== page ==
This novel CRISPR based therapy is currently in clinical trials in Europe for β-thalassemia and USA for SCD.

Current Pipeline/The Future

Currently, CRISPR Tx has eleven potential CRISPR based therapies in their pipeline at various stages of research (See Figure 7) (CRISPR Therapeutics, 2018b). They are either in vivo or ex vivo, and range from being causing DNA disruptions to correct mutated genes by adding the appropriate repair template (CRISPR Therapeutics, 2018a). The potential therapies also range from being wholly owned by CRISPR Tx, to being in collaboration or a joint venture with other therapy based companies such as Vertex or Casebia (CRISPR Therapeutics, 2018a). The 4 major areas for CRISPR based therapies include (i) ex vivo programs of hematopoietic cells, (ii) ex vivo programs for immuno-oncology (using the built-in immune system to fight cancer cells), (iii) in vivo programs targeting the liver and (iv) in vivo programs targeting muscle and lung systems (CRISPR Therapeutics, 2018a). Conclusion

CRISPR Therapeutics took advantage of a void that exists in the field of genomic research by bridging the gap between scientific research and the biomedical community. Emmanuelle Charpentier knew that she and her colleagues had to take advantage of the potential associated with CRISPR/Cas9 technology. She was aware that the potential applications including gene deletion, gene regulation, mutated gene repair for chronic disease therapy and much more were quite exciting and a challenge that she and all her colleagues were more than willing to take up.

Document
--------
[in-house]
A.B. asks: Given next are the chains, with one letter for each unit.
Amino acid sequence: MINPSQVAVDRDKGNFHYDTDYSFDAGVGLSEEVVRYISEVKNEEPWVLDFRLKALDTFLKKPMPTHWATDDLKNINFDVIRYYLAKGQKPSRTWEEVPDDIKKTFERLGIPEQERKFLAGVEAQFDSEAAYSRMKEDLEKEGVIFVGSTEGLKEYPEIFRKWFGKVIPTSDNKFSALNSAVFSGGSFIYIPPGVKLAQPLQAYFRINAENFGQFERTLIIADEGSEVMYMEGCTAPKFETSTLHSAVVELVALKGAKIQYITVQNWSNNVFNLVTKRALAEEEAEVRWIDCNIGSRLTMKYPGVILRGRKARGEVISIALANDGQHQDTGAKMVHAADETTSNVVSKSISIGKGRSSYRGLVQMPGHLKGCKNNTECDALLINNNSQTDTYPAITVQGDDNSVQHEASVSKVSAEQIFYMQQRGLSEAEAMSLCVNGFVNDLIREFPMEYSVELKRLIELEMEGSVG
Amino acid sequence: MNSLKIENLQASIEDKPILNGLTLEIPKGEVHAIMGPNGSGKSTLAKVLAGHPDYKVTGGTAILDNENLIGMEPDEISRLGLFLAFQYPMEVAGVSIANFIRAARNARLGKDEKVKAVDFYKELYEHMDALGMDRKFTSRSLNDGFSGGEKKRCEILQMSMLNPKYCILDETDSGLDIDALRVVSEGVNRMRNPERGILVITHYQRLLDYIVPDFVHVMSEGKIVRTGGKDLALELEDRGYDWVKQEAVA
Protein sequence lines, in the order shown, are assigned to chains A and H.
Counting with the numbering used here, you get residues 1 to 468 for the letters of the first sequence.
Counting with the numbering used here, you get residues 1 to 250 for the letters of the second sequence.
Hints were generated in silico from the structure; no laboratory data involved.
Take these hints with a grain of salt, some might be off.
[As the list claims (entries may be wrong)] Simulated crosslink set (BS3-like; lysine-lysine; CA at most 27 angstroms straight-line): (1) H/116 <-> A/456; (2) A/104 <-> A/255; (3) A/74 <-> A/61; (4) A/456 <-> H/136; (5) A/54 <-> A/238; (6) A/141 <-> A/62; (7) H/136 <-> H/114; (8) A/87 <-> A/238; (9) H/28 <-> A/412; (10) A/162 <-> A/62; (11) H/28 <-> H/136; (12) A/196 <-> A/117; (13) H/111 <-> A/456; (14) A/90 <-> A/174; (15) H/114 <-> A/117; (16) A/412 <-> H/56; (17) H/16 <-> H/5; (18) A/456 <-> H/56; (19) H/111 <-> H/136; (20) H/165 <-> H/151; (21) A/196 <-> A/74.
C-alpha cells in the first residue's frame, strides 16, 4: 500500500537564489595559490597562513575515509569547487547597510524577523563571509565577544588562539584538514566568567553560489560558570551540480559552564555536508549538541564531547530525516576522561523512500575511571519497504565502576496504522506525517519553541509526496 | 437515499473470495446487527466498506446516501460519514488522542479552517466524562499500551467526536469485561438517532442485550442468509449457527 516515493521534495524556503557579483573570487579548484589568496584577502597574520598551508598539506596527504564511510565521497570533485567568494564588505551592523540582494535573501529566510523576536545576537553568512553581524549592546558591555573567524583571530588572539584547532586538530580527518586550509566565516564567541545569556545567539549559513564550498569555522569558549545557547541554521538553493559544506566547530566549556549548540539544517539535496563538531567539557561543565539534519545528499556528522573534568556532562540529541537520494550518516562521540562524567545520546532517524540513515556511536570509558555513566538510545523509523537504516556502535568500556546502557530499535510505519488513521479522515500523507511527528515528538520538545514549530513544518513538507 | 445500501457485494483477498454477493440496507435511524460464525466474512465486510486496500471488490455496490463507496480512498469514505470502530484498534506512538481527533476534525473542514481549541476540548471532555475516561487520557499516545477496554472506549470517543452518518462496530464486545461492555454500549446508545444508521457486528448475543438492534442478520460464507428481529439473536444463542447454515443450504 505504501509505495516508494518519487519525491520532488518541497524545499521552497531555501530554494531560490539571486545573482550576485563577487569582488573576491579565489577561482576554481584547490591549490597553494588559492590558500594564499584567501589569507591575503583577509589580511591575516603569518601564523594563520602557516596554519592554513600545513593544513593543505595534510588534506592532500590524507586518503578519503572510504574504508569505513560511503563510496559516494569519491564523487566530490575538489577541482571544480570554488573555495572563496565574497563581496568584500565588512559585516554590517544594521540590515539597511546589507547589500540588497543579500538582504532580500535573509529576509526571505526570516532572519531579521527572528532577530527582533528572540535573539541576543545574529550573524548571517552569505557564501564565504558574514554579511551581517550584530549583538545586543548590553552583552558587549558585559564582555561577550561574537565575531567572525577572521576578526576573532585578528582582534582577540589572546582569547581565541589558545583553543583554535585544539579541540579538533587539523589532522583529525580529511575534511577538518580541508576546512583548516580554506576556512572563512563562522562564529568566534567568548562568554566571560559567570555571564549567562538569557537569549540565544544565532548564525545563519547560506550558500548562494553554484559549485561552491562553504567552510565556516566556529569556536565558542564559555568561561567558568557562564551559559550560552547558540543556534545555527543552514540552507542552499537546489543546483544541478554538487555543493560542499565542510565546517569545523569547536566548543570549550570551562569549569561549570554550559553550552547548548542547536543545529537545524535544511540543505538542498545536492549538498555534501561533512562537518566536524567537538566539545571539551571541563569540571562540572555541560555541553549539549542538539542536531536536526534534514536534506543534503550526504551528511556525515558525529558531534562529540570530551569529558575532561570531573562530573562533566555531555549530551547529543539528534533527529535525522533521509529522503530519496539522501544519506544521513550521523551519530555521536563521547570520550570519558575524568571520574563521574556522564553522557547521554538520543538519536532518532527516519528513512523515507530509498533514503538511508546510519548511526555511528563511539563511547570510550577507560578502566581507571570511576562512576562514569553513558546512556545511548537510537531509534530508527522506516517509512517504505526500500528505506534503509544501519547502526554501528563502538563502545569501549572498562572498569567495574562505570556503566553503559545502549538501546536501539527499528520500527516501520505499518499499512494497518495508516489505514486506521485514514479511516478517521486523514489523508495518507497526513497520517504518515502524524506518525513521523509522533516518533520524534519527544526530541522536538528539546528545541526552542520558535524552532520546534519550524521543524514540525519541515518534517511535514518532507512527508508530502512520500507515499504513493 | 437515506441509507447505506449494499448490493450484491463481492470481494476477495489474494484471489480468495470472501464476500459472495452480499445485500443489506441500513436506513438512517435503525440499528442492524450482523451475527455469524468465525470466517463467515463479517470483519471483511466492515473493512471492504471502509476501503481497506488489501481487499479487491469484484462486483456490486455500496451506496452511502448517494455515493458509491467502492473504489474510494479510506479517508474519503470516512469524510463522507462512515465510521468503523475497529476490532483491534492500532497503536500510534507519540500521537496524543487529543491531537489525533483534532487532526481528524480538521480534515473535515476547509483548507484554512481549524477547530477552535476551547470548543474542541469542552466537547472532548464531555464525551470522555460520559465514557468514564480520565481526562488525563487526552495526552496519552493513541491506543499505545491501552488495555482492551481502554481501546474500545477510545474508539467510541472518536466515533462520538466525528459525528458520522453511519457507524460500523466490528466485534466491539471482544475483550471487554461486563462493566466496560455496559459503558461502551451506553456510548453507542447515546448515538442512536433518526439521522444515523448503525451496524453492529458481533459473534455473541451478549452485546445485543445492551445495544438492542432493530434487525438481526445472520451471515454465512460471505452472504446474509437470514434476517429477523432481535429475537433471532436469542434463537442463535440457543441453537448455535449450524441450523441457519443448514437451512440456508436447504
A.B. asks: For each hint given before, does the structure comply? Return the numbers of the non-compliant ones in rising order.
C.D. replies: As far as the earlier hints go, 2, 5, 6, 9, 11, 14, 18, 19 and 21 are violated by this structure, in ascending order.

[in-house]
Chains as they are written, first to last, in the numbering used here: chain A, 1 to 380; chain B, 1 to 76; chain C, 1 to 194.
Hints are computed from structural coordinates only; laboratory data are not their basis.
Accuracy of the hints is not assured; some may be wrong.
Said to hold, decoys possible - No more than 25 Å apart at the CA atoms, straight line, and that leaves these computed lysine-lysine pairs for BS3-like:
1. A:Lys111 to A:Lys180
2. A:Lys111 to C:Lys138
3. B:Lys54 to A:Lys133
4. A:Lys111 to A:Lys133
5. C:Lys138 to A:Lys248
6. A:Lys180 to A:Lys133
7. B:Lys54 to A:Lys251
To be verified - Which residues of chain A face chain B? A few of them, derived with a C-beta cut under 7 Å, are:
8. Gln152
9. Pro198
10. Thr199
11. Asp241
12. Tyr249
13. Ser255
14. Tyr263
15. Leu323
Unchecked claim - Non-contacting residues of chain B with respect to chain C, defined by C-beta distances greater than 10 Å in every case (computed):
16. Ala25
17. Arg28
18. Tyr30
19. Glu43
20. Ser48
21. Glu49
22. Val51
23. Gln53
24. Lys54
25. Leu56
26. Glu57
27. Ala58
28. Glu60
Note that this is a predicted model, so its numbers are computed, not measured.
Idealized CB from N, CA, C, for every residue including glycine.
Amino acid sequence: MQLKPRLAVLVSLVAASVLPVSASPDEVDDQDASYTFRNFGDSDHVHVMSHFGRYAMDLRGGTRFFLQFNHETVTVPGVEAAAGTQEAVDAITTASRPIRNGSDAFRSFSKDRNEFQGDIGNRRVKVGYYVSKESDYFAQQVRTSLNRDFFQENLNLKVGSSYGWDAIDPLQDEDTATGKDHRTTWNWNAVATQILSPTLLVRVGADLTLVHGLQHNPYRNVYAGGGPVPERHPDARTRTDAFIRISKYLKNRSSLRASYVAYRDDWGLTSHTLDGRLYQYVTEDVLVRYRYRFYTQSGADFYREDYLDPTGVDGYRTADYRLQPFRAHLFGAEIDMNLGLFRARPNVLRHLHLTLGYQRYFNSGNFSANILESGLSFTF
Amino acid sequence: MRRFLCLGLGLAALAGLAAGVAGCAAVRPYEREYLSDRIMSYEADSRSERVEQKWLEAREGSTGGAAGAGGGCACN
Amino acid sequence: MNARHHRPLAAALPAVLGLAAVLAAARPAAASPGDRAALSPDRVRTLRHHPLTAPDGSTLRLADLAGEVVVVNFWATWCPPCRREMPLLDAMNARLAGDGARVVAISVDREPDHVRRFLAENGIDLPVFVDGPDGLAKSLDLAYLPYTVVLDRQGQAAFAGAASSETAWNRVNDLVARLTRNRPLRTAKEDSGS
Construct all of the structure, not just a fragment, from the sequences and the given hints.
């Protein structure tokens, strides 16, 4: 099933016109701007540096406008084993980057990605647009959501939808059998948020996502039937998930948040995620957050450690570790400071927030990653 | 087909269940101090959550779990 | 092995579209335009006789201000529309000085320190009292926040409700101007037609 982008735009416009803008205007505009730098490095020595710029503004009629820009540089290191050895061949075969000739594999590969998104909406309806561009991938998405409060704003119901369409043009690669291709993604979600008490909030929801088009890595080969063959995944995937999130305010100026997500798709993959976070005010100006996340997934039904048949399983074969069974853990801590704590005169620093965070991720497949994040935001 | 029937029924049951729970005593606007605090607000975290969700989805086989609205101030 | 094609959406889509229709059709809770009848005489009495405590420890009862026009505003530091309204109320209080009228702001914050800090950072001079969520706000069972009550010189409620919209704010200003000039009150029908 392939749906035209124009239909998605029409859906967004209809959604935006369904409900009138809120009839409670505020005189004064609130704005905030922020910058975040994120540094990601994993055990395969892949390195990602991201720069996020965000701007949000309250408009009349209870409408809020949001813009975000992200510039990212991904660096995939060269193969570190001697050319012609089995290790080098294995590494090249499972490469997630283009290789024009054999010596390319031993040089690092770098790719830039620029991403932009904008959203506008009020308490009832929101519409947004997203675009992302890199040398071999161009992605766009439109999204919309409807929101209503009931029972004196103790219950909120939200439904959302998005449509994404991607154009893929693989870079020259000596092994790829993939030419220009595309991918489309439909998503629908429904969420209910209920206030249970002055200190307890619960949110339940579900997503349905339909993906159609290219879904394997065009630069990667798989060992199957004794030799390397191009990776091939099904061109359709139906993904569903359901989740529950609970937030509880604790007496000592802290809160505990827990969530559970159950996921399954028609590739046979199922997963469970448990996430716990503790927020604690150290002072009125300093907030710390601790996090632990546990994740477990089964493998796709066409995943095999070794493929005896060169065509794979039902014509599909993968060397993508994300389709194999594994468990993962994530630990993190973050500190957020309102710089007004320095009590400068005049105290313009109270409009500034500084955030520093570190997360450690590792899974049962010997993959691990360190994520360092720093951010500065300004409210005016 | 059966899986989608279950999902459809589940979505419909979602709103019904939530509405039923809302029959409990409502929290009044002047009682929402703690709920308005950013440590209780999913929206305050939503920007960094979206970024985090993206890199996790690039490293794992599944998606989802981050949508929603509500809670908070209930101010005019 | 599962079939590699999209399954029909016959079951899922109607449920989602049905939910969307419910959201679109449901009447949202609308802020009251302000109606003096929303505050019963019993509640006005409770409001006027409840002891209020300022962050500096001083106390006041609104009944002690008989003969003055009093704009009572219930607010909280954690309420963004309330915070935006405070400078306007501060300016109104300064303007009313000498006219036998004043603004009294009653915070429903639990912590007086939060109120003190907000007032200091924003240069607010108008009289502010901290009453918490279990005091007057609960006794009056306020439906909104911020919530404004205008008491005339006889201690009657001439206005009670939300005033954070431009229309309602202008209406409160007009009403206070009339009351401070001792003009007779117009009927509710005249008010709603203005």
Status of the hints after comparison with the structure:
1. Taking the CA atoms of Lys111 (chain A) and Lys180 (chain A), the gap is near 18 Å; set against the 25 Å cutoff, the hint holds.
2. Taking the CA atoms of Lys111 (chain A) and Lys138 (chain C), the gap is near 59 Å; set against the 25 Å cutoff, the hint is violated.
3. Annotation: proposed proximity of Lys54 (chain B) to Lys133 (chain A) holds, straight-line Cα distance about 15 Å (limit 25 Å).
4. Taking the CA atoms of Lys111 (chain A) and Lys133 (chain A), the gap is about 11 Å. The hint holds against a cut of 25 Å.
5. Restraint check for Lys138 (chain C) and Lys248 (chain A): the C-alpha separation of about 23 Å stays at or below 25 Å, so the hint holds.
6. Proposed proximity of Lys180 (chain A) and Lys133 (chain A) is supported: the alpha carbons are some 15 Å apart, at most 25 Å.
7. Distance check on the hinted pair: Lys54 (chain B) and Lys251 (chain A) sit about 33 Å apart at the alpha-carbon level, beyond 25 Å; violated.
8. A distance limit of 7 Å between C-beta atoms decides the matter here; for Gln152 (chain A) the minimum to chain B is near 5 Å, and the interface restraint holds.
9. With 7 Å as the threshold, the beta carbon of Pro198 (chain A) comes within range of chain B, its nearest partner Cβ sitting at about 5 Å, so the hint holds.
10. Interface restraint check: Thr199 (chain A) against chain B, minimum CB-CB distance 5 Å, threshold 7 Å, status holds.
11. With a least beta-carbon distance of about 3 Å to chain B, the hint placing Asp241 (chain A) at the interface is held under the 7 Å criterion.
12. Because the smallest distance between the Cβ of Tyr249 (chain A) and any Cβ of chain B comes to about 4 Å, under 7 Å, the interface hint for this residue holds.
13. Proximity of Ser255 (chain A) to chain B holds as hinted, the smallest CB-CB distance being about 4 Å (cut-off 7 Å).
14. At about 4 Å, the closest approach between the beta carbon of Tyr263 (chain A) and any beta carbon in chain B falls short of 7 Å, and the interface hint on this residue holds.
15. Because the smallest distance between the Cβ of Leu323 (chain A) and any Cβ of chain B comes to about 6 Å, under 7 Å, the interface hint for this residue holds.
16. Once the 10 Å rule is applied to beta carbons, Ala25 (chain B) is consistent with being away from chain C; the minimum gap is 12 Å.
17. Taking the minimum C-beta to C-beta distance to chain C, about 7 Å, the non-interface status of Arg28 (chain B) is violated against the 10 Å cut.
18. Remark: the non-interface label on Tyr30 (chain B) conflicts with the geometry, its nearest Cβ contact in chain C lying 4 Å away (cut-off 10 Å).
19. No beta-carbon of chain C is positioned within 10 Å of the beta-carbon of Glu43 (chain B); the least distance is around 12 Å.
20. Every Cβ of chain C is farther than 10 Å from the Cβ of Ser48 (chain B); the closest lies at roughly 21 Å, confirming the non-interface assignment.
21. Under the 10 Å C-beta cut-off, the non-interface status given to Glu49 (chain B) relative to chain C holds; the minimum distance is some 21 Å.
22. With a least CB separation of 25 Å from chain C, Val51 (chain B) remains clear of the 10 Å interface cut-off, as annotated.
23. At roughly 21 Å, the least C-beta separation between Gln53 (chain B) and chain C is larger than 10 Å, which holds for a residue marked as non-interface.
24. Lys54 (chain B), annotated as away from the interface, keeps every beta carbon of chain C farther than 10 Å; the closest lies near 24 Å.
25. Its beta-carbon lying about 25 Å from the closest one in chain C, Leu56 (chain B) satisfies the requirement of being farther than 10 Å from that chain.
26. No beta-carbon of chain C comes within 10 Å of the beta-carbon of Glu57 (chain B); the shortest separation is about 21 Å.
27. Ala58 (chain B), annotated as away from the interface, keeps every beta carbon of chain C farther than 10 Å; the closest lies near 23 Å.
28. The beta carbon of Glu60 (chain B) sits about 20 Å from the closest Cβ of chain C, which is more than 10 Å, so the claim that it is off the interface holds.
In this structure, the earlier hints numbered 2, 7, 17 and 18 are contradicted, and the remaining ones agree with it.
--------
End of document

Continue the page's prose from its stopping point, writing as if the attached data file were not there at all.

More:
When asked about the future of CRISPR technologies, Emmanuelle Charpentier was quite excited about its prospects (Weidmann, 2018):

The CRISPR-Cas technology is extremely versatile. For this reason, it was adapted around the world where scientists are applying the technology for the basic understanding of mechanisms of life in a large diversity of cells and organisms and are working on potential future applications.

I am very excited about the potential of CRISPR-Cas9 for the treatment of serious genetic diseases for which there is currently no cure but also for cancer or infectious diseases. This is one of the reasons I co-founded CRISPR Therapeutics.


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Figure 1: CRISPR Therapeutics Corporate and Business Strategies outlined in the Corporate Overview (2017)


Figure 2: Financial Strategies utilized by CRISPR Therapeutics (CRISPR Therapeutics, 2017b)


Figure 3: Intellectual Property, licensing and strategic investors associated with CRISPR Therapeutics (CRISPR Therapeutics, 2018b).


Figure 4: CRISPR Therapeutics have aimed to take advantage of these properties of CRISPR



Figure 5: Ex vivo and in vivo strategies for utilizing CRISPR/Cas9 for disease therapy as outlined by CRISPR Therapeutics (CRISPR Therapeutics, 2018a).


Figure 6: In vivo non-viral and viral delivery vehicles usable for CRISPR based therapy (CRISPR Therapeutics, 2018b)


Figure 7: Current product development pipeline for CRISPR Therapeutics as of January 2018 (CRISPR Therapeutics, 2018a)

CRISPR Therapeutics – Novel Use of CRISPR/Cas9 Technique in Disease Therapy


Cases and Tools in Biotechnology Management Copyright © by Viola Halder. All Rights Reserved.